Elisabeth Scott Stam: Martyred Christian Missionary
Elisabeth (Betty) Scott ‘28 was one of three sisters to graduate from Wilson between 1928 and 1934. The sisters were children of missionaries in China. Betty then attended Moody Bible College and with her future husband, John Stam. They soon became missionaries in China. Their baby girl was only weeks old when war engulfed the region. The family was captured by Communist soldiers.
This is John's letter to the China Inland Mission, asking for the ransom, upon being captured on December 6, 1934:
My wife, baby and myself are today in the hands of the Communists in the city of Tsingteh. Their demand is twenty thousand dollars for our release.
All our possessions and stores are in their hands, but we praise God for peace in our hearts, and for a meal tonight. God grant you wisdom in what you do, and us fortitude and courage, and peace of heart. He is able-and a wonderful Friend in such a time.
Things happened so quickly this A.M. They were in the city just a few hours after the ever-persistent rumors really became alarming, so that we could not prepare in time. We were just too late.
The Lord bless and guide you and as for us, - may God be glorified, whether by life or by death, (Phil.I:20).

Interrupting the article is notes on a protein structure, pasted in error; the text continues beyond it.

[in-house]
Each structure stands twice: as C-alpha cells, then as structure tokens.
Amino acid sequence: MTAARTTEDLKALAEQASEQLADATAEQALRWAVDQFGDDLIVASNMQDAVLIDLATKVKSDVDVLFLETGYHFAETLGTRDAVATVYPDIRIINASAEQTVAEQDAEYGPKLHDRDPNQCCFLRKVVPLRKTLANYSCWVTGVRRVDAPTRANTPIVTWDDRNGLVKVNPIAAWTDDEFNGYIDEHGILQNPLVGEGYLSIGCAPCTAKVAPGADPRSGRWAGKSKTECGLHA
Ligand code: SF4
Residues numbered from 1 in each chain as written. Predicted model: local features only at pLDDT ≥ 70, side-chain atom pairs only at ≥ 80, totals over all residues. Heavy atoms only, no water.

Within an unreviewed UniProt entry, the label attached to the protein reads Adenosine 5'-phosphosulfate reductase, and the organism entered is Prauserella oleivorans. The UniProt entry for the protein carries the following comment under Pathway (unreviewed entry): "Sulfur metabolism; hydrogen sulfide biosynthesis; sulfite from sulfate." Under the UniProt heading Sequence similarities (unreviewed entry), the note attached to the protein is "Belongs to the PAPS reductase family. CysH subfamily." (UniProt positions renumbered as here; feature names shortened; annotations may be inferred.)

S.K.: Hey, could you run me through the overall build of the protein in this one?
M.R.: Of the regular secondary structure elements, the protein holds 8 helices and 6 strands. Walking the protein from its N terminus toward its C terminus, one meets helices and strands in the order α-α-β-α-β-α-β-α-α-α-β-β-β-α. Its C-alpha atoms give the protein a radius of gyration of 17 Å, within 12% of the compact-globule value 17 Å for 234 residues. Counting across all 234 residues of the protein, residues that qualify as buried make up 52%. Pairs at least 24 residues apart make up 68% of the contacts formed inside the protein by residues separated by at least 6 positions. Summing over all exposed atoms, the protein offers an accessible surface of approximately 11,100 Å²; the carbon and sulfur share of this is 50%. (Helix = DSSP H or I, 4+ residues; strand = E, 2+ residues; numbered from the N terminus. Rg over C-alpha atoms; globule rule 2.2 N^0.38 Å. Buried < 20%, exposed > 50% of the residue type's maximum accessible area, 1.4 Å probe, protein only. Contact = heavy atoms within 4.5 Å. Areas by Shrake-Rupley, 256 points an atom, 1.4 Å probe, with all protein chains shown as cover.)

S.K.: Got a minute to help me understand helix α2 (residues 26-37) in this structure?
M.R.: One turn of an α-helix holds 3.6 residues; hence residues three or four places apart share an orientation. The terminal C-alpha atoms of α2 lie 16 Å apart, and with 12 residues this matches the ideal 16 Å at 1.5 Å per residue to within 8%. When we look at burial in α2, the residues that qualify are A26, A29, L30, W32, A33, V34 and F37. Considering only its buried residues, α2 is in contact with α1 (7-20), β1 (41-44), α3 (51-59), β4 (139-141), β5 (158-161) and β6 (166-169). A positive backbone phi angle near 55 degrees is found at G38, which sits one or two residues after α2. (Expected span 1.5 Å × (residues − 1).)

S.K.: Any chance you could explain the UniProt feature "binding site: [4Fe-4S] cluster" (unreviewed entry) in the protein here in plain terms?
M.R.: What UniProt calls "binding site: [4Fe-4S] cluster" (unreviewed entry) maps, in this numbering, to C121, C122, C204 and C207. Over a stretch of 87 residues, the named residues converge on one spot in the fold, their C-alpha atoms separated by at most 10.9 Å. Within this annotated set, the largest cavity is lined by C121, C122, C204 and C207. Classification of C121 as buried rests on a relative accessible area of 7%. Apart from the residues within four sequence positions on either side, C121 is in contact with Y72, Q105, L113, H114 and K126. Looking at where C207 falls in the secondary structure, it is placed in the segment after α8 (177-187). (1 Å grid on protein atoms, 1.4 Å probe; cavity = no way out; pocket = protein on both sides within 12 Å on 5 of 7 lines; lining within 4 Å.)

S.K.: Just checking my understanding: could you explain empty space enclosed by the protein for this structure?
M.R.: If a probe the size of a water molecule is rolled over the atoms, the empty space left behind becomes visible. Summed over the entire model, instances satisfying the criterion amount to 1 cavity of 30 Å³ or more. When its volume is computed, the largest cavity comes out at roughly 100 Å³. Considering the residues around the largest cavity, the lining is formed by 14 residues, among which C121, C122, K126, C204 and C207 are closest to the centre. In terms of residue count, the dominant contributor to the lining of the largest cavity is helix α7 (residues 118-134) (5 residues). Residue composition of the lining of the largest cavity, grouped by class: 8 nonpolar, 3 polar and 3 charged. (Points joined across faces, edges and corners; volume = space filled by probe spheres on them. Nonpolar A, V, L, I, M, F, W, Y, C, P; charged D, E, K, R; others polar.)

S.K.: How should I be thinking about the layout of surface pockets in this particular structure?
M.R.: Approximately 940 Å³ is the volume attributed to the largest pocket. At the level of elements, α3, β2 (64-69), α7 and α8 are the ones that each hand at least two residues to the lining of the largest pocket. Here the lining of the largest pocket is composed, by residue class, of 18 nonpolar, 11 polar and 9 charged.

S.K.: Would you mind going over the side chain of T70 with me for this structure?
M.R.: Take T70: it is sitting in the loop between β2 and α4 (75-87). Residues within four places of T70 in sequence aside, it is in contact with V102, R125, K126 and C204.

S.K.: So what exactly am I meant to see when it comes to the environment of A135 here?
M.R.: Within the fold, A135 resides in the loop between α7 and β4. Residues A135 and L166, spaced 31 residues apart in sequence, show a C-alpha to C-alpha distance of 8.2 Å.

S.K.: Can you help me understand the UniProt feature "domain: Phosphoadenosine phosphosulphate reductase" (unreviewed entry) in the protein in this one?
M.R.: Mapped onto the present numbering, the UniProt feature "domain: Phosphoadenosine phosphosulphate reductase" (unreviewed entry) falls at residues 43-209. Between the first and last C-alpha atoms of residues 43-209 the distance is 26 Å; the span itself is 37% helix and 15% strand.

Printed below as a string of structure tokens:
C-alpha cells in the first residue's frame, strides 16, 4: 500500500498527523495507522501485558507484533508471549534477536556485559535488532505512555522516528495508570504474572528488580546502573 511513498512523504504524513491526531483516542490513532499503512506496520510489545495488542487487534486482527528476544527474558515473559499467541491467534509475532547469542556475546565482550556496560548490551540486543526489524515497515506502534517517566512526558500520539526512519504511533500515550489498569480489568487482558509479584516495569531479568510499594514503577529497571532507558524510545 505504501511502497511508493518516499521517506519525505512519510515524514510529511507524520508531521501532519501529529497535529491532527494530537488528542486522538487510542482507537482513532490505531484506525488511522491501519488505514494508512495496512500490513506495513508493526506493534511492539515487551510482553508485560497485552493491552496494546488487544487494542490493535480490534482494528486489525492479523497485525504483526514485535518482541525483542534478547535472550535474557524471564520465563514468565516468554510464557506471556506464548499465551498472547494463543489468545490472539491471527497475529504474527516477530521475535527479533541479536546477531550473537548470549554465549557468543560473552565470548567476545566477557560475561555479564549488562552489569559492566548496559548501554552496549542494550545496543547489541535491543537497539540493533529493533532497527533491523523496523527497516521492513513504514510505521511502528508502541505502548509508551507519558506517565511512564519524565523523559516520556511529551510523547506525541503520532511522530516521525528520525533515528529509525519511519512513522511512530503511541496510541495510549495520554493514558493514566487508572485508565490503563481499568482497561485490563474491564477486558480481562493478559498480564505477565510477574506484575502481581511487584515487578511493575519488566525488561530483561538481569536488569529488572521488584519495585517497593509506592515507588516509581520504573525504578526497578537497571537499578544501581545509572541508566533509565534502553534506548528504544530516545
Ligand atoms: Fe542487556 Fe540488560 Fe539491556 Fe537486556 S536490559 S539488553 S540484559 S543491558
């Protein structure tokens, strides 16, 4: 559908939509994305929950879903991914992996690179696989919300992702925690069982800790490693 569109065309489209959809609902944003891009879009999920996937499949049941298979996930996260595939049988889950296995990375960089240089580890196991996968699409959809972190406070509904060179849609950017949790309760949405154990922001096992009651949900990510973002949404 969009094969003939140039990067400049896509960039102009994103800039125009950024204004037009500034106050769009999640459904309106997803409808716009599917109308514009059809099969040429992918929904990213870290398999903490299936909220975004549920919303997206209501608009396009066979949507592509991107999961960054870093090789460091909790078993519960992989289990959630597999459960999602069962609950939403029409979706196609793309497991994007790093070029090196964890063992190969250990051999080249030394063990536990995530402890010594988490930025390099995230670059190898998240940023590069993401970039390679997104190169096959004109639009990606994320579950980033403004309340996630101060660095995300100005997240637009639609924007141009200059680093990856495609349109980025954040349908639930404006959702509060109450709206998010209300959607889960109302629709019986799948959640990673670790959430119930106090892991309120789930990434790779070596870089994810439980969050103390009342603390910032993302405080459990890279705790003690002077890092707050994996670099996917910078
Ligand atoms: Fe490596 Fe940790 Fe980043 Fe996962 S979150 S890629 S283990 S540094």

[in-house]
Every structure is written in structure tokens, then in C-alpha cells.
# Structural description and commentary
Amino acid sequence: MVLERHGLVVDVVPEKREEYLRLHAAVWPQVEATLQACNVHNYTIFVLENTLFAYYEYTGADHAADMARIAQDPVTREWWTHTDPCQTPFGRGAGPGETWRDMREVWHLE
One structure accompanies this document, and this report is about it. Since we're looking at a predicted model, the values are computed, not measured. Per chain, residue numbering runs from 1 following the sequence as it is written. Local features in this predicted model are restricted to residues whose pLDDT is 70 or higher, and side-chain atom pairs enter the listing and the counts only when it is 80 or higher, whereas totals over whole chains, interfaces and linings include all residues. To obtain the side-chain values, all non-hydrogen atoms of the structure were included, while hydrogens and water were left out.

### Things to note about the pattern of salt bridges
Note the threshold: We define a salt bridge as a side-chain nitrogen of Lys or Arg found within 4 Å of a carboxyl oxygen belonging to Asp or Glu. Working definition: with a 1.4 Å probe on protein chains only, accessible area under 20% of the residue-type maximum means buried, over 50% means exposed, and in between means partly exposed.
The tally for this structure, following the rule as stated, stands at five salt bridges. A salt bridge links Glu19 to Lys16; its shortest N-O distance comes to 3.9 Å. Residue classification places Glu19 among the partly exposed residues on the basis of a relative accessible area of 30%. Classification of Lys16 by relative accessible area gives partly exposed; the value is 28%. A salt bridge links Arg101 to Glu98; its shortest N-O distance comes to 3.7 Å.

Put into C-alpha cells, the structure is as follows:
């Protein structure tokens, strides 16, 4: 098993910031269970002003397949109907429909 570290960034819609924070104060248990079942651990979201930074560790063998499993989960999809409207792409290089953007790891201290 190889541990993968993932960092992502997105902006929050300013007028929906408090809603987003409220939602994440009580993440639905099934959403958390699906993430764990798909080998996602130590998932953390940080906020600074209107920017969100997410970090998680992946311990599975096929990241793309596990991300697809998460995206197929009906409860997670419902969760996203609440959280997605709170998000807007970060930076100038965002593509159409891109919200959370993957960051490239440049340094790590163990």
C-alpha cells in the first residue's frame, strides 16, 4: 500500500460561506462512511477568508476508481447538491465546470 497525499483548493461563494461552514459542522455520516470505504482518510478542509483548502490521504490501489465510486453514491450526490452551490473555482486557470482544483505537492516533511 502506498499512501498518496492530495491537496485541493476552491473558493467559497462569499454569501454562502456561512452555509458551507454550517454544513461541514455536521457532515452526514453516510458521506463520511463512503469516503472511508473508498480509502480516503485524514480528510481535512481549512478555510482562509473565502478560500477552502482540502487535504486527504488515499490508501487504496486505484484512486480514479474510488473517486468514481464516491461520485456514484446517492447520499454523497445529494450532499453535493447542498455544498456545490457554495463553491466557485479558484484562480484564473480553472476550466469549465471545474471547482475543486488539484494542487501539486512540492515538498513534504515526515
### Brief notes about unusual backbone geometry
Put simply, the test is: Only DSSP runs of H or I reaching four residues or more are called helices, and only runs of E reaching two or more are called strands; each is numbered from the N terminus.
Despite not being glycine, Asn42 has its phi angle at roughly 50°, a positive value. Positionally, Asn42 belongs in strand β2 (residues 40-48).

John C. Stam
The original army of two thousand Communist soldiers quickly increased to six thousand and took command of the district.
The Stams were marched twelve miles away to Miaosheo. They were held overnight in the home of a man who had previously fled. Betty hid two five dollar bills in the baby's clothing and left her behind. John and Betty were taken to "Eagle's Hill" where it was announced that the "foreign devils" would die. A Chinese medicine seller, Chang Hsiu Sheng, pleaded for their lives and was murdered. John and Betty were then made to kneel and were swiftly executed with a sword.
For the next day and a half, the bodies lay where they had fallen and the baby cried quietly still hidden in the house. The Communist army was only several miles away and no one dared touch the bodies, or retrieve the infant. Finally, a Chinese Evangelist, Mr. Lo, with whom John had previously worked returned. With the help of an elderly Chinese woman, he found the baby still located in the abandoned house in which John and Betty had spent their last night. Lo's wife cared for the baby. The Los walked nearly one hundred miles carrying Helen and their own young son in rice baskets, in order to return Helen to her maternal grandparents in Tsinan. Helen was raised in the US by her aunt and went on to graduate from Wilson in 1956.